Glasgow City Council identify principal views in the Glasgow Central Conservation Area Appraisal (2012) along Sauchiehall Street and in both directions up and down Dalhousie Street. The proposed development will drastically alter these pre-eminent views of the townscape. In particular this will present a significant change to the architectural character of how the Glasgow School of Art (Category A-listed, LB33105) is viewed and considered within the wider townscape. It is noted within the Conservation Area appraisal that, "This unique structure with its wealth of sculptural art nouveau details appears monumental when viewed from the foot of Dalhousie Street or Scott Street where the Scottish tower house influence is particularly evident." The proposal as presented for new development will have a significant detrimental impact on this structure, in particular the east gable, facing down Dalhousie Street to the south. The 'tower house' references and marriage of contemporary architecture with historical Scottish architectural typologies, visible in the variation between east and west gables, will be swamped by any development which allows for the construction against this boundary. The developments central ‘ziggurat’ stepped section, mirroring its Dalhousie Street elevation, in the centre of the block will further damage the view of the southern elevation of the art school building, removing these from the public and therefore privatising this view to the occupants of the new development. 

Further to the development's long-term impact on the future standing of the Central Conservation Area, the proposal may also adversely impact on any future application to have the Mackintosh Glasgow School of Art Building listed for World Heritage Status. Not only does the development occur within the proposed ‘Buffer Zone’ outlined in the Proposals Map developed and adopted by Glasgow City Council, but will significantly alter the immediate context of the building prior to any application for world status.

Sauchiehall Street Character & Urban Grain

Linear blocks, horizontal rhythm of street broken by proposed built form. Blocks which follow height of neighbours. Grain of Dalhousie Street is for individual blocks to follow step of hill individually rather than a single long elevation which steps.

We note that Sauchiehall Street is strongly defined by a series of long, linear elevations, notably the category A-listed Centre for Contemporary Arts, category B-listed Mclellan Galleries and category C-listed O2 ABC. All of these adjacent buildings, and much of the remainder of Sauchiehall Street is characterised by urban blocks, stretching east-west within the grid pattern forming long perspectival lines. This forms a strong, unified townscape of blocks strongly related to the topography.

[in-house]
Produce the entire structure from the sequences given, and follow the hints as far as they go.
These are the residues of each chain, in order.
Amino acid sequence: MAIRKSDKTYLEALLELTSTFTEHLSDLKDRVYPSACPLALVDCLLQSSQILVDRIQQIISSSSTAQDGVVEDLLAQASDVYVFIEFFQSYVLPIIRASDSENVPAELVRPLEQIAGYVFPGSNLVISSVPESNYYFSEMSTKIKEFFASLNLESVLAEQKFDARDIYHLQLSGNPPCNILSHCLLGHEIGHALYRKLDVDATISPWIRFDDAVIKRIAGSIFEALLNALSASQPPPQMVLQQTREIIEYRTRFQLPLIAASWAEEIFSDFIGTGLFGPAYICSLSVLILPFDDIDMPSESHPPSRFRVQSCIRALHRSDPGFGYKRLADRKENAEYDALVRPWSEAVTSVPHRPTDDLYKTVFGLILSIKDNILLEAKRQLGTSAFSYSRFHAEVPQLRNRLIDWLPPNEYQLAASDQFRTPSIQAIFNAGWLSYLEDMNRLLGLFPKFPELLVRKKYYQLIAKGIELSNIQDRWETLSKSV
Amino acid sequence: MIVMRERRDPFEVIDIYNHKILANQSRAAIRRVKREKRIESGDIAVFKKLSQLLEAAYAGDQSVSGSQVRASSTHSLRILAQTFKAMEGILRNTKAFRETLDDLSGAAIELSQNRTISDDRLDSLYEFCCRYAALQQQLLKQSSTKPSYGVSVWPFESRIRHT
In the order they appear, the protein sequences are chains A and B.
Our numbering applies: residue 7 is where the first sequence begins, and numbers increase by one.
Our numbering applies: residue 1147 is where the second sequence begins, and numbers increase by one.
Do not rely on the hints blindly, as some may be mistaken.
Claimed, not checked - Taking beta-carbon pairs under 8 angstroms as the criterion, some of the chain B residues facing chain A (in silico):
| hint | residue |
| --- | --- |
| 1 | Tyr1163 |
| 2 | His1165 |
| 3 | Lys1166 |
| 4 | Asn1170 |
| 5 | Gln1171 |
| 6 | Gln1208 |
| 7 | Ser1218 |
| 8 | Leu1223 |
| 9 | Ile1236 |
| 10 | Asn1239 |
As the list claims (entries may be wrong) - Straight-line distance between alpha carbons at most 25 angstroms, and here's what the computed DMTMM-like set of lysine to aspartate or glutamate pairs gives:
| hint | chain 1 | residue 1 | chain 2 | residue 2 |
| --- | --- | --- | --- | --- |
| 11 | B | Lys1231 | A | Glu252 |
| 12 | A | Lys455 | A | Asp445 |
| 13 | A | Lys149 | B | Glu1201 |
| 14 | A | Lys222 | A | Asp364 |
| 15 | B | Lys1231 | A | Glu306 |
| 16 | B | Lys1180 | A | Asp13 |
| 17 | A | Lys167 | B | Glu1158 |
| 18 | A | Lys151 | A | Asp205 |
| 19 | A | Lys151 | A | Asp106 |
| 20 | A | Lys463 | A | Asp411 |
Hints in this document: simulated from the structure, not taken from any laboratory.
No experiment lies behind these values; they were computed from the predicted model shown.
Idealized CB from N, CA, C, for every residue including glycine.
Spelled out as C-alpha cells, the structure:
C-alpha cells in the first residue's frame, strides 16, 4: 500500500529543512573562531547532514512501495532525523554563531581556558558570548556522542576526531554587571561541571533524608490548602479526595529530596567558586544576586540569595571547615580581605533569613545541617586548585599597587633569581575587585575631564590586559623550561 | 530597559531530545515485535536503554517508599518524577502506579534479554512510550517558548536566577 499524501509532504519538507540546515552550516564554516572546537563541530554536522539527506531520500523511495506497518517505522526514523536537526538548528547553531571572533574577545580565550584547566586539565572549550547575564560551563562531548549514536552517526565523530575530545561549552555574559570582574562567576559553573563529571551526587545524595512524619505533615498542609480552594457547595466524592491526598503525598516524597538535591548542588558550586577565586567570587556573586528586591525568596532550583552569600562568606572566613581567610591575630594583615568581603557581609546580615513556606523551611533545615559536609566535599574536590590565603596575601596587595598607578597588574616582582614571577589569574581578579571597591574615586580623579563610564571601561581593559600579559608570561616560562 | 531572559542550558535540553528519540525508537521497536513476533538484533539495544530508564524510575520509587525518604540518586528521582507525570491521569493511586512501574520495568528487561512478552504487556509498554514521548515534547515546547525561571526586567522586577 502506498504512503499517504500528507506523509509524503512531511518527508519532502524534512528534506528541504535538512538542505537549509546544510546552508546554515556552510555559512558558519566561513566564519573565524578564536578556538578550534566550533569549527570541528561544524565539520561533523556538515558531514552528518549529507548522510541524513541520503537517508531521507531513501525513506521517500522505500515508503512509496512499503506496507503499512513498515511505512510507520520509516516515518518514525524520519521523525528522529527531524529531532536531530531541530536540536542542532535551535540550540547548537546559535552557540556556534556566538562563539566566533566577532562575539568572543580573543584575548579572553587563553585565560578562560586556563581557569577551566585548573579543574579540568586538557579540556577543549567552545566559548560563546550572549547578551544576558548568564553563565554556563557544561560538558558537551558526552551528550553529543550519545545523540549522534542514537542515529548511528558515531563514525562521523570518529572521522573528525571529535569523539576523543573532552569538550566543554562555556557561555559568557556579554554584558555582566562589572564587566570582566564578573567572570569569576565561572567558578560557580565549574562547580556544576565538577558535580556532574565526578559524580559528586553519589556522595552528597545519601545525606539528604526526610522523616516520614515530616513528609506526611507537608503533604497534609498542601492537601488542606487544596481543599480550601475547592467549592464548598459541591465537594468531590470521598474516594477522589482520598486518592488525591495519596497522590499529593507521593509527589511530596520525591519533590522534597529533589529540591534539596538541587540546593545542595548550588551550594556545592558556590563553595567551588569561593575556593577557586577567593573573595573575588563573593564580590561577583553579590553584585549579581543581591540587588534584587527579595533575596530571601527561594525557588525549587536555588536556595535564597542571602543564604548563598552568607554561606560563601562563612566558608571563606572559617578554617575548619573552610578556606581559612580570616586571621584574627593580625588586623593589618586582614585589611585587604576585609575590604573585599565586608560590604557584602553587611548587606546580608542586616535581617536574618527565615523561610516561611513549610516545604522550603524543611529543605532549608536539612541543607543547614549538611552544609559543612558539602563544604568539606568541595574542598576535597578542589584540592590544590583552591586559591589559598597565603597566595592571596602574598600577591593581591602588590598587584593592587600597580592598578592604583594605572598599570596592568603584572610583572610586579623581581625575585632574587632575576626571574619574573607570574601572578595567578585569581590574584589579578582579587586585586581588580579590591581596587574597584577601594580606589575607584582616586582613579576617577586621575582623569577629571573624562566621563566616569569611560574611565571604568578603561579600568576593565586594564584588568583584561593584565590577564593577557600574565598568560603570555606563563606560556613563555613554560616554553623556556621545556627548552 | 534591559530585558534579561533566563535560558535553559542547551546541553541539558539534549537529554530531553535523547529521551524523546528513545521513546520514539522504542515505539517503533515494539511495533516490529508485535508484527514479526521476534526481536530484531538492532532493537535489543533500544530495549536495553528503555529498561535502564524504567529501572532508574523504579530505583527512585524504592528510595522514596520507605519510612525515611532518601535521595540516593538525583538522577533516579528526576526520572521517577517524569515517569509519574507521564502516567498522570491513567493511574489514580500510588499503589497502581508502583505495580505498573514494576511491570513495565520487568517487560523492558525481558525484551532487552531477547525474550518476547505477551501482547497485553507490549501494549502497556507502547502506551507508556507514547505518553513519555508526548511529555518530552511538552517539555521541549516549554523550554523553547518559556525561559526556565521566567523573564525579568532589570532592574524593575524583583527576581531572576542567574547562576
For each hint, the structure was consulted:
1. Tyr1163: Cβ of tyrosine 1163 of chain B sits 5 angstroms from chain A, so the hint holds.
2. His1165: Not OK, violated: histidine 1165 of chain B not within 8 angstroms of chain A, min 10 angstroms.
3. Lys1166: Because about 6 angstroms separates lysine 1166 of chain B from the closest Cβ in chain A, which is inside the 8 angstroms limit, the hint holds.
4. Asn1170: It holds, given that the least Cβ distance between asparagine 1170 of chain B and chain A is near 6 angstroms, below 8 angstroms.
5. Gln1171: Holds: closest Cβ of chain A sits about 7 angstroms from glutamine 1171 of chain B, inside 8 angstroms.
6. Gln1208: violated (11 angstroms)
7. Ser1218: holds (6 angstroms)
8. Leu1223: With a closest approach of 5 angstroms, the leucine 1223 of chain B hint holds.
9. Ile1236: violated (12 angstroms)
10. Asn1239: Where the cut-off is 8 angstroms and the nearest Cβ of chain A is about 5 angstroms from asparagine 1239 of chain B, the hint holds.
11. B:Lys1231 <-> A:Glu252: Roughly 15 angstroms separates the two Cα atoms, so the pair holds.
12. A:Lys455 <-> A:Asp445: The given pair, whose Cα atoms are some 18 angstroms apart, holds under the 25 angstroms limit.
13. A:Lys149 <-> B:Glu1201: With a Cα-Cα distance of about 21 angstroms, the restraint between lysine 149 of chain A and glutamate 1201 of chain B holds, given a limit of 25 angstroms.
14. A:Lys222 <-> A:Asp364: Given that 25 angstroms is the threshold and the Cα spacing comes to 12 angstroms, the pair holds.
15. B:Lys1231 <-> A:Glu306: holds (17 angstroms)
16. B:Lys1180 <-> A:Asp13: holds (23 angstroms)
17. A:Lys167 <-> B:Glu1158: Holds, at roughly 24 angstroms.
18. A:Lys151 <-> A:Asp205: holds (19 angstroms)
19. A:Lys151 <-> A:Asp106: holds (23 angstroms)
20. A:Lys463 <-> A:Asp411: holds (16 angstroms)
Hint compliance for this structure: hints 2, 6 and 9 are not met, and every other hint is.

The conservation area appraisal notes how the area is characterised: "The long east-west streets provide the main frontages, but ingenious use of the steep sloping north-south streets for subsidiary elevations is a characteristic of a number of buildings, notably the Mackintosh Building of the Glasgow School of Art." (Conservation Area Appraisal). The large scale of the proposed development does not take this key urban characteristic into account with the proposed elevations utilising the same repeated form, proportion and character to both the primary southern elevation to Sauchiehall Street and secondary elevation to Dalhousie Street. The lack of a nuanced handling of primary and secondary elevations can be seen to represent the failures of previous development as seen on the site presently with a lack of care given to the topographical character of the city. 

It is noted within the Conservation Area appraisal that streetscape cohesion is a key challenge facing the development of the city, “Some streets have lost their cohesion through the unsuccessful integration of modern interventions within the Conservation Area with regard to scale, design, style and materials and the redevelopment of substantial portions of entire street blocks to create large open commercial floor spaces. This has resulted in buildings that ignore topography and disrupt unified areas.” It is our belief that the proposed development, by stepping up to its eastern end will produce a significant change to the primary overall elevation of Sauchiehall Street, uncharacteristic of the area.

Given these significant material changes to the nature of the Central Conservation Area which substantially affect the setting of the Glasgow School of Art we believe this application should be recommended for refusal in its current form.

New Glasgow Society
1307 Argyle Street
Glasgow G3 8TL